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Chapter Summary

In many of the advanced industrial countries the 'modern economy' opened up new opportunities for social mobility, resulting in levels of economic inequality that are now considerably lower than in the 19th century. Yet, modern economic growth did not lead to a sustained decline in levels of personal income inequality in Latin America. But does this also imply that Latin American inequality has been persistent since the colonial era? To tackle this question, three presumptions are departed. First, it is not the pace of economic growth, but rather the nature of economic development that determines whether an economic transition process comes along with major changes in inequality in the long run. Second, changes in the degree of factor mobility are the prime determinant of sustainable changes in the distribution of assets, income and wealth. And third, institutional changes are the ultimate cause of changes in the degree of factor mobility.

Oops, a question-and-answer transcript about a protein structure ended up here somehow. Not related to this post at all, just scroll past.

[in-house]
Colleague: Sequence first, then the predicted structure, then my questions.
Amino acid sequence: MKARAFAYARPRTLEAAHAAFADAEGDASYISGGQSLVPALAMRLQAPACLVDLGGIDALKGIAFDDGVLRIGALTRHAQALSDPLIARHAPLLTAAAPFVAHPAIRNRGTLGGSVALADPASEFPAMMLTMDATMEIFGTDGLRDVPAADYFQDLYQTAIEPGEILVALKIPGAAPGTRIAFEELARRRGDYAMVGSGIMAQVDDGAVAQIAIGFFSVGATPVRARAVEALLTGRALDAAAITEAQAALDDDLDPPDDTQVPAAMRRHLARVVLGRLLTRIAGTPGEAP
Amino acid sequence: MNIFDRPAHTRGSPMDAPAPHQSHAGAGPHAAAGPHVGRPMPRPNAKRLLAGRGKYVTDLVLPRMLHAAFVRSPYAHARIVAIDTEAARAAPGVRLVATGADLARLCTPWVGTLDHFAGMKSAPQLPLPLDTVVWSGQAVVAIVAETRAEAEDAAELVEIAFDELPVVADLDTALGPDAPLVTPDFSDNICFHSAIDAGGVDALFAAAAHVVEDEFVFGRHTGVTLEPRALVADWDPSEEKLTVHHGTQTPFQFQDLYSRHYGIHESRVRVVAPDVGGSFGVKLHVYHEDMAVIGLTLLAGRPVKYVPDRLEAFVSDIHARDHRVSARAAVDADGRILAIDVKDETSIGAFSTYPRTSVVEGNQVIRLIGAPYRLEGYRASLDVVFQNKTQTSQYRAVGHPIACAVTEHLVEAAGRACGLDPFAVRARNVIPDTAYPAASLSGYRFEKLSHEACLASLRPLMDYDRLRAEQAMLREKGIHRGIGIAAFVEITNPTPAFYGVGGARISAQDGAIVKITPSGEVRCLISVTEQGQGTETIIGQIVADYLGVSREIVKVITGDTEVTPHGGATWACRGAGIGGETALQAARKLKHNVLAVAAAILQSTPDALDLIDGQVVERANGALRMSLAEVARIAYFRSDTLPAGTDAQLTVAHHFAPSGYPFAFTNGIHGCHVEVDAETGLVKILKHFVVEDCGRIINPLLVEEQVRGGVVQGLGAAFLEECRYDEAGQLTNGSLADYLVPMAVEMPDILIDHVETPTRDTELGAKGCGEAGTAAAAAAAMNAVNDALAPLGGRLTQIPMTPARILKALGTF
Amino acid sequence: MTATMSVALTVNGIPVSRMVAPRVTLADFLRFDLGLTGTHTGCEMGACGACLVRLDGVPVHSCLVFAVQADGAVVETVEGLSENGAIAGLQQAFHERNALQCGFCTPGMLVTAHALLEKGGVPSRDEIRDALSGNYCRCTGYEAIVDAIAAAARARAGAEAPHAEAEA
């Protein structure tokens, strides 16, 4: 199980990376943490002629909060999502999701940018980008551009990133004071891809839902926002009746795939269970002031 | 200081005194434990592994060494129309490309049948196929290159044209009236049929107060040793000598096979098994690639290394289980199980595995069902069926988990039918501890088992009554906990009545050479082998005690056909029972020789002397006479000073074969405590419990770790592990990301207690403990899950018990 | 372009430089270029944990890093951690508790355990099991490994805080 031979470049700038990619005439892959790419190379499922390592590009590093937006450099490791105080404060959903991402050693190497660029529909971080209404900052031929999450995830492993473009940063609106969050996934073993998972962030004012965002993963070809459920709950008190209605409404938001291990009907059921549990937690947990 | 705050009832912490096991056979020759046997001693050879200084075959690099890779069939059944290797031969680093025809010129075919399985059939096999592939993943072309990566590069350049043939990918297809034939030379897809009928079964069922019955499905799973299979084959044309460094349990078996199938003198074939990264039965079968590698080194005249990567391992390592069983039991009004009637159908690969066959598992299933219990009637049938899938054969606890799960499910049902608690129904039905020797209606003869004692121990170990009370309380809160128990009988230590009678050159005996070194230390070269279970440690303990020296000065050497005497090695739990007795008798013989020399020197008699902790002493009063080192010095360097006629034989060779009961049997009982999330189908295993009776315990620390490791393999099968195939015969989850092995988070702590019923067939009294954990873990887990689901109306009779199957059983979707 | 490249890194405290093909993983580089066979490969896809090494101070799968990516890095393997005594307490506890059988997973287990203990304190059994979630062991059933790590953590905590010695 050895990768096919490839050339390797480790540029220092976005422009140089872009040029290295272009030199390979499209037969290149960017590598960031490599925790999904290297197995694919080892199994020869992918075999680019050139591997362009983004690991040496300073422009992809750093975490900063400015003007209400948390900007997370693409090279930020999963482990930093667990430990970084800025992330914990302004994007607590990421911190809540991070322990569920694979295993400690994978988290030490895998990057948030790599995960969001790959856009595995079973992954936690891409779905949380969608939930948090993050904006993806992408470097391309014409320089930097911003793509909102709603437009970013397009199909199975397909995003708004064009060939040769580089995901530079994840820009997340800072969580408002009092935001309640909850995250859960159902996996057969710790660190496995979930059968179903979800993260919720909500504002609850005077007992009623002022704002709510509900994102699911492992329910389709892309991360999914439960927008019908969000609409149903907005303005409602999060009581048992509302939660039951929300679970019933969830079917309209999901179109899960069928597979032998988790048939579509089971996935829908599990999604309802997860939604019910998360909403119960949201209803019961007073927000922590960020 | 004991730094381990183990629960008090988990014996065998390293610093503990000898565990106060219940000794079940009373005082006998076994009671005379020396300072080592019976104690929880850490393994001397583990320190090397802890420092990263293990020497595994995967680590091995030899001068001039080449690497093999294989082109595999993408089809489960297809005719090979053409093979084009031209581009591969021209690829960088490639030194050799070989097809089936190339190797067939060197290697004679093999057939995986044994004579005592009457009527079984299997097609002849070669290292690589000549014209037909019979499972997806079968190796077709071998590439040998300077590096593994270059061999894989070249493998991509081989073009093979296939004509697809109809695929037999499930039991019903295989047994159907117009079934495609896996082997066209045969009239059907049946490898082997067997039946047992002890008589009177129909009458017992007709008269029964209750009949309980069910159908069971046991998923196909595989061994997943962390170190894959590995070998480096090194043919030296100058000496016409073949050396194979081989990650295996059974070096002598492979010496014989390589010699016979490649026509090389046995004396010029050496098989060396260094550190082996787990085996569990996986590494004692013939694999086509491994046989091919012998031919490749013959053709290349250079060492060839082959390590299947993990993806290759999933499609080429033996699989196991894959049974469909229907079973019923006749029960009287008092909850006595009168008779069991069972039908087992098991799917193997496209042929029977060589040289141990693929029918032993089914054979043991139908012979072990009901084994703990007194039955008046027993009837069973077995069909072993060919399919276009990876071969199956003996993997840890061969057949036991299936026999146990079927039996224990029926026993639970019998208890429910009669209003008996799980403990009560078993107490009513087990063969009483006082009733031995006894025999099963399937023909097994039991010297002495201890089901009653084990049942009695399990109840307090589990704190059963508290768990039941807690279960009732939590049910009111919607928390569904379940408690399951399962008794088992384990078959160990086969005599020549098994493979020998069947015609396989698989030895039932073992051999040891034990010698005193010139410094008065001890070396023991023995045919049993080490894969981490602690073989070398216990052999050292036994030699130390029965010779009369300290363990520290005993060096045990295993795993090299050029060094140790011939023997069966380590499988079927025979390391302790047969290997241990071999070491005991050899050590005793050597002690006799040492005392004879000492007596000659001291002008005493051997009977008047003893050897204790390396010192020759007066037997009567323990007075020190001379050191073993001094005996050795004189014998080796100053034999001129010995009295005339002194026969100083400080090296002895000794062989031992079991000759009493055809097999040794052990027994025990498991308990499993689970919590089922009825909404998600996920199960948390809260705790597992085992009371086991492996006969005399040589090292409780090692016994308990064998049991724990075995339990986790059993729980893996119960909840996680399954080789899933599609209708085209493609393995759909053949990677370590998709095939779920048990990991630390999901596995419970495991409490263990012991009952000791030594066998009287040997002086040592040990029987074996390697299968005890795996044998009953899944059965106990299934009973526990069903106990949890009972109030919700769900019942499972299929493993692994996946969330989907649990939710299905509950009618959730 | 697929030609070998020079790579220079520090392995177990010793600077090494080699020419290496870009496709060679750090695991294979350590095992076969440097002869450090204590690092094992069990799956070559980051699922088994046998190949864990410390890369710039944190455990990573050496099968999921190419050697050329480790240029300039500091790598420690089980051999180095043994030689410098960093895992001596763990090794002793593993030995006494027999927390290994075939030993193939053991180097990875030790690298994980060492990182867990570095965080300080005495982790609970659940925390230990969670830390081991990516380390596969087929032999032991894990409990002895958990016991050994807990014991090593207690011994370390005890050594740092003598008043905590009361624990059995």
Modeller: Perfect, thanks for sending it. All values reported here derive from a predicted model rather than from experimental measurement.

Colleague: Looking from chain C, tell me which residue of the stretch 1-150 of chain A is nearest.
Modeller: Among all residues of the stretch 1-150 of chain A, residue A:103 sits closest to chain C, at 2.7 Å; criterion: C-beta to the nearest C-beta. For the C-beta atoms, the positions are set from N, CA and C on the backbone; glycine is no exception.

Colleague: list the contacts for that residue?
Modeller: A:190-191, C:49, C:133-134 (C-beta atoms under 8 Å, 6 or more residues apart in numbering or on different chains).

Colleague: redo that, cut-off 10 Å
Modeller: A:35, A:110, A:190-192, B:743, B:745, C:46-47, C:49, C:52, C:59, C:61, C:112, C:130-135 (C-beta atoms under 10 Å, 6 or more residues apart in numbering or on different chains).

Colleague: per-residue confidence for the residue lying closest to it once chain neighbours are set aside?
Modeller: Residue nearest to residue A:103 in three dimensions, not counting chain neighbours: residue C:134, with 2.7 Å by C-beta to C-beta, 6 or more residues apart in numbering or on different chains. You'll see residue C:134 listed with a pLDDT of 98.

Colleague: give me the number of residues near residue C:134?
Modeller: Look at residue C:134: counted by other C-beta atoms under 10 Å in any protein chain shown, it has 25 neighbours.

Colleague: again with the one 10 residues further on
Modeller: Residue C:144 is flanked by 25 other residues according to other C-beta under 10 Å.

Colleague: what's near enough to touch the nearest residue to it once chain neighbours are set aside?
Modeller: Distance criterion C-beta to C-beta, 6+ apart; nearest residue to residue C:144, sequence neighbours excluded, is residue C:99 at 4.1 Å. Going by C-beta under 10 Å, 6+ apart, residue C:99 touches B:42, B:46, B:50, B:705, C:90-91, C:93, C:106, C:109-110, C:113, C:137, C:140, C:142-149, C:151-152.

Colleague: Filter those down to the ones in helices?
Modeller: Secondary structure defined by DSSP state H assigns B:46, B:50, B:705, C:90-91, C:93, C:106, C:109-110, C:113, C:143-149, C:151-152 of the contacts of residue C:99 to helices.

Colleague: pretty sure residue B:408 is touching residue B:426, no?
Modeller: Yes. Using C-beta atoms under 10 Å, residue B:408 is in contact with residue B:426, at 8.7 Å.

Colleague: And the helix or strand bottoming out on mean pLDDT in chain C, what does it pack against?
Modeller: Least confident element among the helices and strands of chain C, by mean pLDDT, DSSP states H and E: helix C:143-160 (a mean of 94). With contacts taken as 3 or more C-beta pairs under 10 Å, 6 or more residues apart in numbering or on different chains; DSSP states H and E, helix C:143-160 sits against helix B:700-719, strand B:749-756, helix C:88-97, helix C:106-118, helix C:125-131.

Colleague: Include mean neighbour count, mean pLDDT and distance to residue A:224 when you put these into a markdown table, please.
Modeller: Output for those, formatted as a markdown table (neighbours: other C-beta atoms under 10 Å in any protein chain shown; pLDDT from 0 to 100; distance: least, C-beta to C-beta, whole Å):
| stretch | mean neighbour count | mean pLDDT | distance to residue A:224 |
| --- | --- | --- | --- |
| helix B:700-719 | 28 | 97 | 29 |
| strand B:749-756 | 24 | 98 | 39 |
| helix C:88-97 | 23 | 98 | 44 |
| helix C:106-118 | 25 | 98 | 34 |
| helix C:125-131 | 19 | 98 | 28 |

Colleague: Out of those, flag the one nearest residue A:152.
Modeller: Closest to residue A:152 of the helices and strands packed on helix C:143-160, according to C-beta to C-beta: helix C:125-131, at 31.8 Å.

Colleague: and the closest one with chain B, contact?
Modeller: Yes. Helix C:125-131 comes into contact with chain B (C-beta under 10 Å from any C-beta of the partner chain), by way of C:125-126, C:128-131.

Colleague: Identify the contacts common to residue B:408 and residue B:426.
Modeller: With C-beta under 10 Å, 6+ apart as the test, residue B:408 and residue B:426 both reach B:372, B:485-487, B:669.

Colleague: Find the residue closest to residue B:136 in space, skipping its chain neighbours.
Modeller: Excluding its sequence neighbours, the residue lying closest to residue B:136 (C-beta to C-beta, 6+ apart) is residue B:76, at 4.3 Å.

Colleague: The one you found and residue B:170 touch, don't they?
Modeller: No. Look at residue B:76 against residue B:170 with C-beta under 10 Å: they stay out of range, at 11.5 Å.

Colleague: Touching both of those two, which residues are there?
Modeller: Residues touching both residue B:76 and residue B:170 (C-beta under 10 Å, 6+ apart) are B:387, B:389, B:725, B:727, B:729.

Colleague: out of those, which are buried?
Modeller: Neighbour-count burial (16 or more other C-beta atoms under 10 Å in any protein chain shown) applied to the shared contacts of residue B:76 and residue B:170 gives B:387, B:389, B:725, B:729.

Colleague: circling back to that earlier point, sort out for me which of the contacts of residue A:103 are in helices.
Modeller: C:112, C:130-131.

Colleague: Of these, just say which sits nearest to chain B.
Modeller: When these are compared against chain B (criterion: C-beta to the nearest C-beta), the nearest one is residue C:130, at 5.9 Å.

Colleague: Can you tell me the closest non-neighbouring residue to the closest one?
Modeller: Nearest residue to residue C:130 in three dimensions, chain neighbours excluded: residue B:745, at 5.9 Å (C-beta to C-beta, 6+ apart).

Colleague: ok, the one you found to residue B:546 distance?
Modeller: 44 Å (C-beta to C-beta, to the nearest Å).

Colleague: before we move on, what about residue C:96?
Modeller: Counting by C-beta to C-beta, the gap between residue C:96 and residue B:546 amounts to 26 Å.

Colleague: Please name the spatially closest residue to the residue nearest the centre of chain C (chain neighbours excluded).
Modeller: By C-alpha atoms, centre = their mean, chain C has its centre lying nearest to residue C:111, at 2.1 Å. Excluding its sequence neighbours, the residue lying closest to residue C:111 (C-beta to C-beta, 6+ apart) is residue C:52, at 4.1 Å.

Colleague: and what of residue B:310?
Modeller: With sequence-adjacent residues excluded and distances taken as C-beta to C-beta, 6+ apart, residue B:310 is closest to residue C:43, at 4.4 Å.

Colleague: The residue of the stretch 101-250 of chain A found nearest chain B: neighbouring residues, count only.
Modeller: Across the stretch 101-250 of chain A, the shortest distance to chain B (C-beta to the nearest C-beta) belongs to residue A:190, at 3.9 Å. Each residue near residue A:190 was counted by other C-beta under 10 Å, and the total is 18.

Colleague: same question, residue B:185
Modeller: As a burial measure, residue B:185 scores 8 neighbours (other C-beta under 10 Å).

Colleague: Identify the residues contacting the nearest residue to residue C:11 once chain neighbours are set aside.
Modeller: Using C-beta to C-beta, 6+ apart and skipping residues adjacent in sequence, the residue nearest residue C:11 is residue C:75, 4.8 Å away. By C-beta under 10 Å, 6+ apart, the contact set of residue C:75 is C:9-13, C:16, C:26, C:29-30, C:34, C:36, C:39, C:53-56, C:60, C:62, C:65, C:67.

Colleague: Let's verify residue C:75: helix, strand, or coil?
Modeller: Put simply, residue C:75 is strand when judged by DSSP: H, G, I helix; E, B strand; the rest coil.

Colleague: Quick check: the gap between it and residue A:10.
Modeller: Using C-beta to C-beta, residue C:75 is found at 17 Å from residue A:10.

Keywords: economic transition process; factor mobility; Latin America; modern economy; personal income inequality; social mobility

10.1163/ej.9789004175914.i-294.55
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